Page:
- Do we really need medical doctors to tell us what to eat? Regardless the gazillion different labeling of diets, we all already know what food groups are good for you: fresh produce, lean protein and whole grain. You don’t have to be a slave to the group. Just eat mostly in this group and eat what your heart desires for the rest. (For me, I have a hard time to digest whole grains. I make soup of them to break them down more. I have yet to make sprout grains, which is supposed to be real good and healthy. I don’t eat much starch though as my body doesn’t feel like it. And I am ok with it.)
- Herbs, herbal teas are very good for you. So try to incorporate them as much as you can into your diet. Don’t get carried away though. Herbs in general have very assertive taste that can easily ruin your dish, also they, esp. the dried ones, are stronger than your regular vegetable. Can get over dosed. Don’t ever think it’s safe just because things are natural. It doesn’t work that way.
- You should really lay low on fat, esp. the bad one like in group 2, cut down your sugar and sodium intake. That means stay away from processed food, the deli meat, sausages, patty/burger, the fried food, soda.. as much as you can. You know what I am talking about. And check on your food labels.
- The problem is not the knowledge that’s available at the touch of your finger tips 24/7, it is the ACTION we take. Are we going to eat healthy, or we just spend time looking for excuses?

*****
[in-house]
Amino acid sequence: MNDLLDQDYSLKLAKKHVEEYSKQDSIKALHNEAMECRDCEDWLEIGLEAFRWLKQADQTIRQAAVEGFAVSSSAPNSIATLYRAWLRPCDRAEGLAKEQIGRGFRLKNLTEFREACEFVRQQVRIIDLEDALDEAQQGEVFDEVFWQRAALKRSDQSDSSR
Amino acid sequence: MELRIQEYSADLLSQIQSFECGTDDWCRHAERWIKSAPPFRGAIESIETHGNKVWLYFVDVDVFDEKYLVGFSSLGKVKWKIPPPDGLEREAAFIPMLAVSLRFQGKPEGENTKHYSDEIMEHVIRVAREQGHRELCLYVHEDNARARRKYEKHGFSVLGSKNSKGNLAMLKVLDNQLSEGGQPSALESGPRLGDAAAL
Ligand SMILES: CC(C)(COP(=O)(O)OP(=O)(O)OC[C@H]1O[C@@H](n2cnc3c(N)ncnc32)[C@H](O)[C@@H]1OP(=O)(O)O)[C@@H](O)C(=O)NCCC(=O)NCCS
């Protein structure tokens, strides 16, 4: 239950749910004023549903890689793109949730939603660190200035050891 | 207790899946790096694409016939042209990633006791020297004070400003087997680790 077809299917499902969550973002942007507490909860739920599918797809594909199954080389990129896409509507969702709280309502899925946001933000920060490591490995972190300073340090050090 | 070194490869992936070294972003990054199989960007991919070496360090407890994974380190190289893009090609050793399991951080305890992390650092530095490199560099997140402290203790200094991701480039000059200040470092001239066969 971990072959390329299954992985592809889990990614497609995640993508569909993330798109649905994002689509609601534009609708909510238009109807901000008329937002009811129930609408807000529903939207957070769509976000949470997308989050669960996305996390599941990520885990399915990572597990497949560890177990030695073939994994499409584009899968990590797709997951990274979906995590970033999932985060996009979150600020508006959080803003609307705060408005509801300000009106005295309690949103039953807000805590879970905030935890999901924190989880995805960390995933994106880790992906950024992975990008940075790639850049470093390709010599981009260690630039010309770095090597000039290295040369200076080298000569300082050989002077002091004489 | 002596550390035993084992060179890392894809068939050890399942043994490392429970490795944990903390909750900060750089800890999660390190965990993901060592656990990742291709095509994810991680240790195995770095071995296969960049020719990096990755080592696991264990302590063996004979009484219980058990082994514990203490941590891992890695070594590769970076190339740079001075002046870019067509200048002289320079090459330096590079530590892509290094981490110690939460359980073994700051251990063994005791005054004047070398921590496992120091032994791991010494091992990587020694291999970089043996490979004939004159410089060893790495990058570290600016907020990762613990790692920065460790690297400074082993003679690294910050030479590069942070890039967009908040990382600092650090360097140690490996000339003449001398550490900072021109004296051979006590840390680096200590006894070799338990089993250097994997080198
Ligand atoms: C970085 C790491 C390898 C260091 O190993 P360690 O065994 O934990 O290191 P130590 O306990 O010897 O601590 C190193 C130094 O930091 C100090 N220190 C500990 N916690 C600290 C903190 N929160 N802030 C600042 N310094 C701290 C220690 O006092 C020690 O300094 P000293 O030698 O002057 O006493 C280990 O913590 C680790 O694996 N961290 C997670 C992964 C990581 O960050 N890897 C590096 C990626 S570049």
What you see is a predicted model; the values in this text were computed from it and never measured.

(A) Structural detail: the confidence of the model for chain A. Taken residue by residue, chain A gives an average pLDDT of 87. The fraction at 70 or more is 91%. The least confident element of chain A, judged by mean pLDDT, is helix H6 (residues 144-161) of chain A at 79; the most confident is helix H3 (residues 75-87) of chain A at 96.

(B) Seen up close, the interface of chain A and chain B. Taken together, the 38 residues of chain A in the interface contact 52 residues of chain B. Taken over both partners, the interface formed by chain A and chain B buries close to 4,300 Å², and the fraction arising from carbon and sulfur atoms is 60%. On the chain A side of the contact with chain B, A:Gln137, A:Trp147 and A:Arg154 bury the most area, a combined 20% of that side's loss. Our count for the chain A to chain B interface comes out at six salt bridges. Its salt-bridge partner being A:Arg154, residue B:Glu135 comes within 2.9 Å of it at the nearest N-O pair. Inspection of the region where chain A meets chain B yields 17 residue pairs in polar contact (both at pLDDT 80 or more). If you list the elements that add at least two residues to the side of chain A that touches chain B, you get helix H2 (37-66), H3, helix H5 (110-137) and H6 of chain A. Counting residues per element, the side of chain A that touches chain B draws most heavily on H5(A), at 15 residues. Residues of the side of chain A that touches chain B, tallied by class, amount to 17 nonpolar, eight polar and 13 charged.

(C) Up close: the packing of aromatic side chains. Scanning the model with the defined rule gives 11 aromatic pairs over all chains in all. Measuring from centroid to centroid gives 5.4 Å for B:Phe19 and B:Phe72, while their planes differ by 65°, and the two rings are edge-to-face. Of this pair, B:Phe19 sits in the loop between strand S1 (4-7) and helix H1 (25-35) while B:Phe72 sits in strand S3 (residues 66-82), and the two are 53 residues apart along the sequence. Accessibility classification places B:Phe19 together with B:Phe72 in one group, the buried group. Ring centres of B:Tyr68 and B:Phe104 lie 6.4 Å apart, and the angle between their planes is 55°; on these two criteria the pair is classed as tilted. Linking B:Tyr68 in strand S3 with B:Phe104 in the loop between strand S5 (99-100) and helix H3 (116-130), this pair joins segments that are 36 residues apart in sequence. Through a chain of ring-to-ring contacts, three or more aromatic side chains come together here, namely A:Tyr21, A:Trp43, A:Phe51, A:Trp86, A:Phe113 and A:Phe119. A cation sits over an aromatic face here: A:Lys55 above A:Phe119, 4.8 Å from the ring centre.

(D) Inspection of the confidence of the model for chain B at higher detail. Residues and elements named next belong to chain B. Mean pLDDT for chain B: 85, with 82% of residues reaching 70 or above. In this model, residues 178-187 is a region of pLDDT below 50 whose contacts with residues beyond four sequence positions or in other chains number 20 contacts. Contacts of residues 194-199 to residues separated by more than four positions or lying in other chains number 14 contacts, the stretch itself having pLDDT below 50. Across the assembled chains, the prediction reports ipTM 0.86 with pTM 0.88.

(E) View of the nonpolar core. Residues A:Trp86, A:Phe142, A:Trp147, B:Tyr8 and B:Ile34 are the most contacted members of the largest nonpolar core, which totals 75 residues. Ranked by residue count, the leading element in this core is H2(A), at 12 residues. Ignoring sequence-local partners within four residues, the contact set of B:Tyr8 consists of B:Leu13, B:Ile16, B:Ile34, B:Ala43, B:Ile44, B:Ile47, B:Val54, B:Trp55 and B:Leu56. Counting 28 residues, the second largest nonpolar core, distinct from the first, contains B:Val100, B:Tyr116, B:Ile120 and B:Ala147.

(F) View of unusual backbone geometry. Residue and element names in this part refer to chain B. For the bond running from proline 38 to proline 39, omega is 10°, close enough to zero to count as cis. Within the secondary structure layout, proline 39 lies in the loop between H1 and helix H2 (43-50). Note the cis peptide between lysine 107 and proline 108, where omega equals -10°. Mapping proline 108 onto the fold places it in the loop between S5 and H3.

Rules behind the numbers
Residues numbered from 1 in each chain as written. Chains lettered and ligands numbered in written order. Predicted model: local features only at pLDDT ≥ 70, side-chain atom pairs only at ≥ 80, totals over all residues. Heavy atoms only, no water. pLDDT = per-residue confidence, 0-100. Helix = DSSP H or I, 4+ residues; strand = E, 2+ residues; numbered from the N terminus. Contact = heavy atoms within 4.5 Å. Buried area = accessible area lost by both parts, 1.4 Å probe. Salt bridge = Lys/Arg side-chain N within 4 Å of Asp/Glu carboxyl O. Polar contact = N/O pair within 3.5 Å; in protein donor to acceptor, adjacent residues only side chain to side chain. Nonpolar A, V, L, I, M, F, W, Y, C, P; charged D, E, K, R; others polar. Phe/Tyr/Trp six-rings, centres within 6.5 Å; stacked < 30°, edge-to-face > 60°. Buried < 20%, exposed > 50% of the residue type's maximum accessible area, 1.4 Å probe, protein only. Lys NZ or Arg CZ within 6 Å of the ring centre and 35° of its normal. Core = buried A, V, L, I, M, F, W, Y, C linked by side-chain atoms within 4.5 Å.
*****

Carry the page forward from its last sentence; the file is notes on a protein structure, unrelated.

- It’s not the food, it’s the good eating habit that works in the long run. Once you form a good eating habit for healthy food, you are all set. Your body will kick your ass if you don’t eat well. I have never worry about my weight and dieting in my life. Minor changes from time to time like eat dried fruit rather than chocolate and drink more tea, yes.
- Balance and persistent is the key. Don’t eat too much of anything. You don’t have to eat 100% healthy 100% of the time. Just eat healthy most of the time, you’d be fine. We all know people who live the longest are usually not doctors, not people who can’t/don’t eat this can’t/don’t eat that. It’s the people who usually live in villages, with strong family tie, live in harmony, settle/feel at ease with their current lives/destiny, moving/working around, eating anything they have, mostly fresh food, on regular schedule day in and day out, like people in Okinawa. I am s—o— impressed that this 90yo man still going out fishing every single day. That’s my idol. But again, it’s your life, your choice whether you’d like to live like that.
- Everybody’s different. Listen to your own body. Let it guide you.
You can definitely eat healthy on a tight budget making delicious meals easily. I have lots to share with you. No excuses now, ha ha ha. Here’s the list of my videos. Sorry I don’t know how to category the video into the healthy food group yet. It’s easy to find the food clips though. Everything is on that page. http://www.youtube.com/channel/UCDrGWJp6JgOClnTuu0R4wnw/videos?view=0 Yes, my oral presentation sucks, for now. But you get the message. I Hope we all inspire and motivate each other to live a long healthy fulfilled life. Live Well, Eat Healthy, Have Fun.
What do you think?